Two decades ago, Americans loved Bill Cosby. No more.

May 04, 2018, 2:00 PM GMT+0

57% of Americans agree with the verdict that found Cosby guilty of three counts of aggravated indecent assault

Bill Cosby was once admired. A Gallup/CNN/USA Today poll in January 1997 found that 90% of Americans held a favorable view of him. Hardly any – just 4% – were unfavorable. More than a decade later, a CNN/ORC Poll in December 2014 found Cosby’s favorable rating cut in half, to just 45%, with 38% unfavorable. In this week’s Economist/YouGov Poll, conducted after the 80-year old entertainer’s conviction on three counts of sexual assault, opinion of Cosby has plummeted once again, this time by nearly two-thirds.

Two in three Americans are now unfavorable about Cosby. Although the percentage among African-Americans is nearly twice that of the general public, even more are unfavorable and as many aren’t sure what to think about Cosby now.

The guilty verdict on three counts is a conclusion most in the public can support. By more than four to one, Americans agree with the guilty verdict. African-Americans agree as well, though by a smaller margin. This is quite different from the result of the Economist/YouGov Poll conducted after last year’s mistrial on the same charges. A year ago, most African-Americans did not want to see a second trial for Cosby, and narrowly felt he was innocent.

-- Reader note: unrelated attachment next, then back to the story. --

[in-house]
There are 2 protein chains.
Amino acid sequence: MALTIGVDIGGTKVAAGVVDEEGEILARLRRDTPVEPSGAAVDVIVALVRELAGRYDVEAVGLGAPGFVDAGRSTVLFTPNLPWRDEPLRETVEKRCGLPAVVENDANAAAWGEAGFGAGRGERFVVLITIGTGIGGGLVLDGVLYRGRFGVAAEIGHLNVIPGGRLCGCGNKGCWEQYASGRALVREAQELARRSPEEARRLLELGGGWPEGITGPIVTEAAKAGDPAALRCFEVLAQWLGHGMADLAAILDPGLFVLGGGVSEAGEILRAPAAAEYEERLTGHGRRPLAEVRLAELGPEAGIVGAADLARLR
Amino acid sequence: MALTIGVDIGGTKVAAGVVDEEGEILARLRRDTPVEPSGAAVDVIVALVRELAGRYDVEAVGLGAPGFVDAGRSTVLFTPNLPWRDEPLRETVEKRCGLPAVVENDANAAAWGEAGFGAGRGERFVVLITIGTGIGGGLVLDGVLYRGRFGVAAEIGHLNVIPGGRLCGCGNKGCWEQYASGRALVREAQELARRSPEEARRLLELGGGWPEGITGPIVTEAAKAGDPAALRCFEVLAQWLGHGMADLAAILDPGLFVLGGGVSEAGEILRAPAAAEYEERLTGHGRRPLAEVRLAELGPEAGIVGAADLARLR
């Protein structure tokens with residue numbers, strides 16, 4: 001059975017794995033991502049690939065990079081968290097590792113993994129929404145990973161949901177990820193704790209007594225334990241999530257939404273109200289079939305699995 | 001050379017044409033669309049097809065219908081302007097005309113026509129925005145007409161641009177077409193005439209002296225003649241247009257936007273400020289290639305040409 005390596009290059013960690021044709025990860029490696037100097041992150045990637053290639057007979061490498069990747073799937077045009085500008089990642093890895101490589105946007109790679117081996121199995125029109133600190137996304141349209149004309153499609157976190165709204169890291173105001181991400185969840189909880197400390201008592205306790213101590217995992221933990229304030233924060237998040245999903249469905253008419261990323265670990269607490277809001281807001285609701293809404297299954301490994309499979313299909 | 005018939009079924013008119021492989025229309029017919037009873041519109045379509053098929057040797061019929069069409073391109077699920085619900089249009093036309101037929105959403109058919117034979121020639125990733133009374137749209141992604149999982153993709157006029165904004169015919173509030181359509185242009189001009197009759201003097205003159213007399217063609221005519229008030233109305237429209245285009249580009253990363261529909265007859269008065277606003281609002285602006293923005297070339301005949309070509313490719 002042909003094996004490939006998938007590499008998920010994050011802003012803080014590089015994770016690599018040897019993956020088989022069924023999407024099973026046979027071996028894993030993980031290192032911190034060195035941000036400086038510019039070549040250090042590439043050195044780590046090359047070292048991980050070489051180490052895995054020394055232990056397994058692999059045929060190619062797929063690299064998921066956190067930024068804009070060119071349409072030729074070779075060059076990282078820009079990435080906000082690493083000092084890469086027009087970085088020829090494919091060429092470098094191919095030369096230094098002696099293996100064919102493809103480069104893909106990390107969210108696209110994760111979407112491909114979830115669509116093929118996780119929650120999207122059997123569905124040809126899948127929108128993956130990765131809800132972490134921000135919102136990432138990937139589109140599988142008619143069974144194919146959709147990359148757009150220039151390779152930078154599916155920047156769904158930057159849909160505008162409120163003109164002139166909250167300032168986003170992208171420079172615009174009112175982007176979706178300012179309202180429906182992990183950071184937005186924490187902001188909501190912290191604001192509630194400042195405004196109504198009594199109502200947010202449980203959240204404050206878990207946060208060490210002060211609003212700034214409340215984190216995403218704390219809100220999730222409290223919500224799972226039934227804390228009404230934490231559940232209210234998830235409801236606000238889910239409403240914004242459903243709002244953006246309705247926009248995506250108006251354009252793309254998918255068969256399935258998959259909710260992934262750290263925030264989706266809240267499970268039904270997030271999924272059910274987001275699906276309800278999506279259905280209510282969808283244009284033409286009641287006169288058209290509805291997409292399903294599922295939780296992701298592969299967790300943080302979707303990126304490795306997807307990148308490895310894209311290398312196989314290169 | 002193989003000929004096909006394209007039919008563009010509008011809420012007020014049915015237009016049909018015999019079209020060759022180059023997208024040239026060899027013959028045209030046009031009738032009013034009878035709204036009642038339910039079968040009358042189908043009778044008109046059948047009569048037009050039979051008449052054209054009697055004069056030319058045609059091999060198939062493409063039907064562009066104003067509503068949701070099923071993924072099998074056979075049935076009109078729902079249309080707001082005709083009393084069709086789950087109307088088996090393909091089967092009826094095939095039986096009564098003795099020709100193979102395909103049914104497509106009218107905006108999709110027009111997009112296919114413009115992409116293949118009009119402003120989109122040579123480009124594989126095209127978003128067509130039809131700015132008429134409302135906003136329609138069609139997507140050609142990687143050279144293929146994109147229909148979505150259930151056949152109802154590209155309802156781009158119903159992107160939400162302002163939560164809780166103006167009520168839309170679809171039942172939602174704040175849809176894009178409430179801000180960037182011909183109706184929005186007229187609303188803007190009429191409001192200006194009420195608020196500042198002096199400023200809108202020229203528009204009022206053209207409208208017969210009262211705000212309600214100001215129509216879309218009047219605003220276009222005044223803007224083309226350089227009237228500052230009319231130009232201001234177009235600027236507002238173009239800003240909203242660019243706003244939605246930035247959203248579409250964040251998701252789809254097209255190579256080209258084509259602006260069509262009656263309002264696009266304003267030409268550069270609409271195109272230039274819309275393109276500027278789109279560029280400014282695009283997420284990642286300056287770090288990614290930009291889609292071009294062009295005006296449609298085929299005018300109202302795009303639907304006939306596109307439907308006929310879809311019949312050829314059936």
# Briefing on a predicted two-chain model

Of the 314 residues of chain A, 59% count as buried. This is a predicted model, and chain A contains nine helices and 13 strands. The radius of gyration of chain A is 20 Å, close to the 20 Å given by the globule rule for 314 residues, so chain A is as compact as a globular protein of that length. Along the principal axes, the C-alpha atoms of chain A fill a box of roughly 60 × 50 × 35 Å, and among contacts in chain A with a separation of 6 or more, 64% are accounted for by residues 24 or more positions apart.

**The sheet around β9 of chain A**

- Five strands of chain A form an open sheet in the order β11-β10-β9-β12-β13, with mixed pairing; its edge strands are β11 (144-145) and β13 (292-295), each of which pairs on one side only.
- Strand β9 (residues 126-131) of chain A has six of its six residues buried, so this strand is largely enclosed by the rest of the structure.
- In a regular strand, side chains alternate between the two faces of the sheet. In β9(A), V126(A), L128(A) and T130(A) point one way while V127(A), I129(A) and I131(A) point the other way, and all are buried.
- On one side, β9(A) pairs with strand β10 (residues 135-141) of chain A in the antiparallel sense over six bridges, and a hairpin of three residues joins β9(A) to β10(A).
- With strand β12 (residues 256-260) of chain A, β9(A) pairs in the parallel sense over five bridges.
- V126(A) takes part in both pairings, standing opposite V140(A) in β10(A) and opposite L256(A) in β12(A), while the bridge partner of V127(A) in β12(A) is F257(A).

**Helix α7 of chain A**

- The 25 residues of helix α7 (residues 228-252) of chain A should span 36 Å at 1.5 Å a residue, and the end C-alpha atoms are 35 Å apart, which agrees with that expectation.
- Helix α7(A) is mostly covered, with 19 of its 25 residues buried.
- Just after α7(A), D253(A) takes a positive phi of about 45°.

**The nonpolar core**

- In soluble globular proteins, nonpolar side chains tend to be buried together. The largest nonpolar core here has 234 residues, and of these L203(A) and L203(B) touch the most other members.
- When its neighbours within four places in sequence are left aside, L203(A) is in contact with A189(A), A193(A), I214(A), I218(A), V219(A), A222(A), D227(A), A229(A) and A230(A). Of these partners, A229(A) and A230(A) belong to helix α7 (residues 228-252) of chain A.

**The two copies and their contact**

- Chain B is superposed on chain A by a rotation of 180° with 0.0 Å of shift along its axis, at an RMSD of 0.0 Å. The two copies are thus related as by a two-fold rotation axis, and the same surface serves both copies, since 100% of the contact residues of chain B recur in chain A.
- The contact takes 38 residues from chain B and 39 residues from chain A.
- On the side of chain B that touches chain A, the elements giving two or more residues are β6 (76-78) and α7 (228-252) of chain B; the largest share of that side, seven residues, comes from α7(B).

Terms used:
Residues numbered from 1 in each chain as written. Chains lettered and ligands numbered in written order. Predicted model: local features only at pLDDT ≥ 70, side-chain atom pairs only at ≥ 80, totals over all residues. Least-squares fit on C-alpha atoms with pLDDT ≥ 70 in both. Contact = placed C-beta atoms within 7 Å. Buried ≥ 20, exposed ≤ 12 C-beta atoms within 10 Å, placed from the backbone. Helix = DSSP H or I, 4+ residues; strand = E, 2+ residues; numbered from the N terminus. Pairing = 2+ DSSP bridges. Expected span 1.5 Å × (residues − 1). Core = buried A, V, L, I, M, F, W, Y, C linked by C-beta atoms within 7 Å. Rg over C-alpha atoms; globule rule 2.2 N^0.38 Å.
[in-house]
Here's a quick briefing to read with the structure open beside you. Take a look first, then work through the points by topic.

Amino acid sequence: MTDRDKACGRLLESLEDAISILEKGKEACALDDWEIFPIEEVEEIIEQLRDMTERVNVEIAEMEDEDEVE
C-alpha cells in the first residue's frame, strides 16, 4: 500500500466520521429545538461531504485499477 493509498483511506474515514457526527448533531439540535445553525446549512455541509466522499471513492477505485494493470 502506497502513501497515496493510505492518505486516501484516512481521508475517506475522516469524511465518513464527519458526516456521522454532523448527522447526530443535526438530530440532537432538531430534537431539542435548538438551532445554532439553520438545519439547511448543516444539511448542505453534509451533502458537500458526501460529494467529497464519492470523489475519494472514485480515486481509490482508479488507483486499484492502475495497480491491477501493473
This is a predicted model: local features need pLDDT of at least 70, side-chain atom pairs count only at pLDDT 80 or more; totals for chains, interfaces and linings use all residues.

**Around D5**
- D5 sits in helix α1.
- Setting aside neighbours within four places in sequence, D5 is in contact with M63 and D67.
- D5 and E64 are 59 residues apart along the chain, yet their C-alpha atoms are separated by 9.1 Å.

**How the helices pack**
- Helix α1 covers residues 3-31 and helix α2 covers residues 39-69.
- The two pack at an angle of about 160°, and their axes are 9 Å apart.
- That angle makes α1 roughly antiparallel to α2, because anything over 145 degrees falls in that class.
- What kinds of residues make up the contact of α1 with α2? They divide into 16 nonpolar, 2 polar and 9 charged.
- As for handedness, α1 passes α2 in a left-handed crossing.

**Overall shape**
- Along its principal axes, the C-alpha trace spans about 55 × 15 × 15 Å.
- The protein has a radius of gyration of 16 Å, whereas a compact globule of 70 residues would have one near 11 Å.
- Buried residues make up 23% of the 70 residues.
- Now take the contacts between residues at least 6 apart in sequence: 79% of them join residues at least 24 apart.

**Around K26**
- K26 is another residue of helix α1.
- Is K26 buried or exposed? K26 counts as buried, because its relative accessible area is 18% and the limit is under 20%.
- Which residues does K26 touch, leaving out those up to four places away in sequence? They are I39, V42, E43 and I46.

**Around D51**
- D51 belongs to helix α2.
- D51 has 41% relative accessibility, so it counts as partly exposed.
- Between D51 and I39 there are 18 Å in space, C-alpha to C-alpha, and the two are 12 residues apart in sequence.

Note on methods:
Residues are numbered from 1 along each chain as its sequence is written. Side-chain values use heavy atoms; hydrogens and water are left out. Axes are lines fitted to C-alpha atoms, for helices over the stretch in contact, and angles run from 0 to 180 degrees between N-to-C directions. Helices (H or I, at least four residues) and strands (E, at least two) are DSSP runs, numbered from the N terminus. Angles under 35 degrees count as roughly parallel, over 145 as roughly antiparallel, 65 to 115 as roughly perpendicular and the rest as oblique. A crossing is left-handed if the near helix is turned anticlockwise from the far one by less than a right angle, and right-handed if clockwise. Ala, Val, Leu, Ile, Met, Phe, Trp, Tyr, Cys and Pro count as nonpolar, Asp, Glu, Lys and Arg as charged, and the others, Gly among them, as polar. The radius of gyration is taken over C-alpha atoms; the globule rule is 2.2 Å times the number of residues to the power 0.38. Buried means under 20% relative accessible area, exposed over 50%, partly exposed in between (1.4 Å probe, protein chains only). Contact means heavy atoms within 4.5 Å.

Americans, black and white, prioritize the rights of victims over the rights of the accused. Six in ten believe it is more important to protect the rights of the victim, while 15% say protecting the rights of the accused matters more. At the same time (and by a similar margin), more say it is worse to convict an innocent person than to let someone guilty go free.

For many people, the crimes that Cosby was convicted of hit close to home – 40% say they or a a close friend or family member who has been a victim of sexual assault. That knowledge crosses party lines, but the percentage is particularly high among women, nearly half of whom say they, a close friend, or a family member has been victimized in this way.

There may be more people who don’t know a friend or family member has been a victim of sexual assault. By more than three to one, Americans believe the number of people who are reluctant to report sexual assaults or rape is larger than the number of those who are falsely accused of assault.

Read more toplines and tables results here

Photo: Getty

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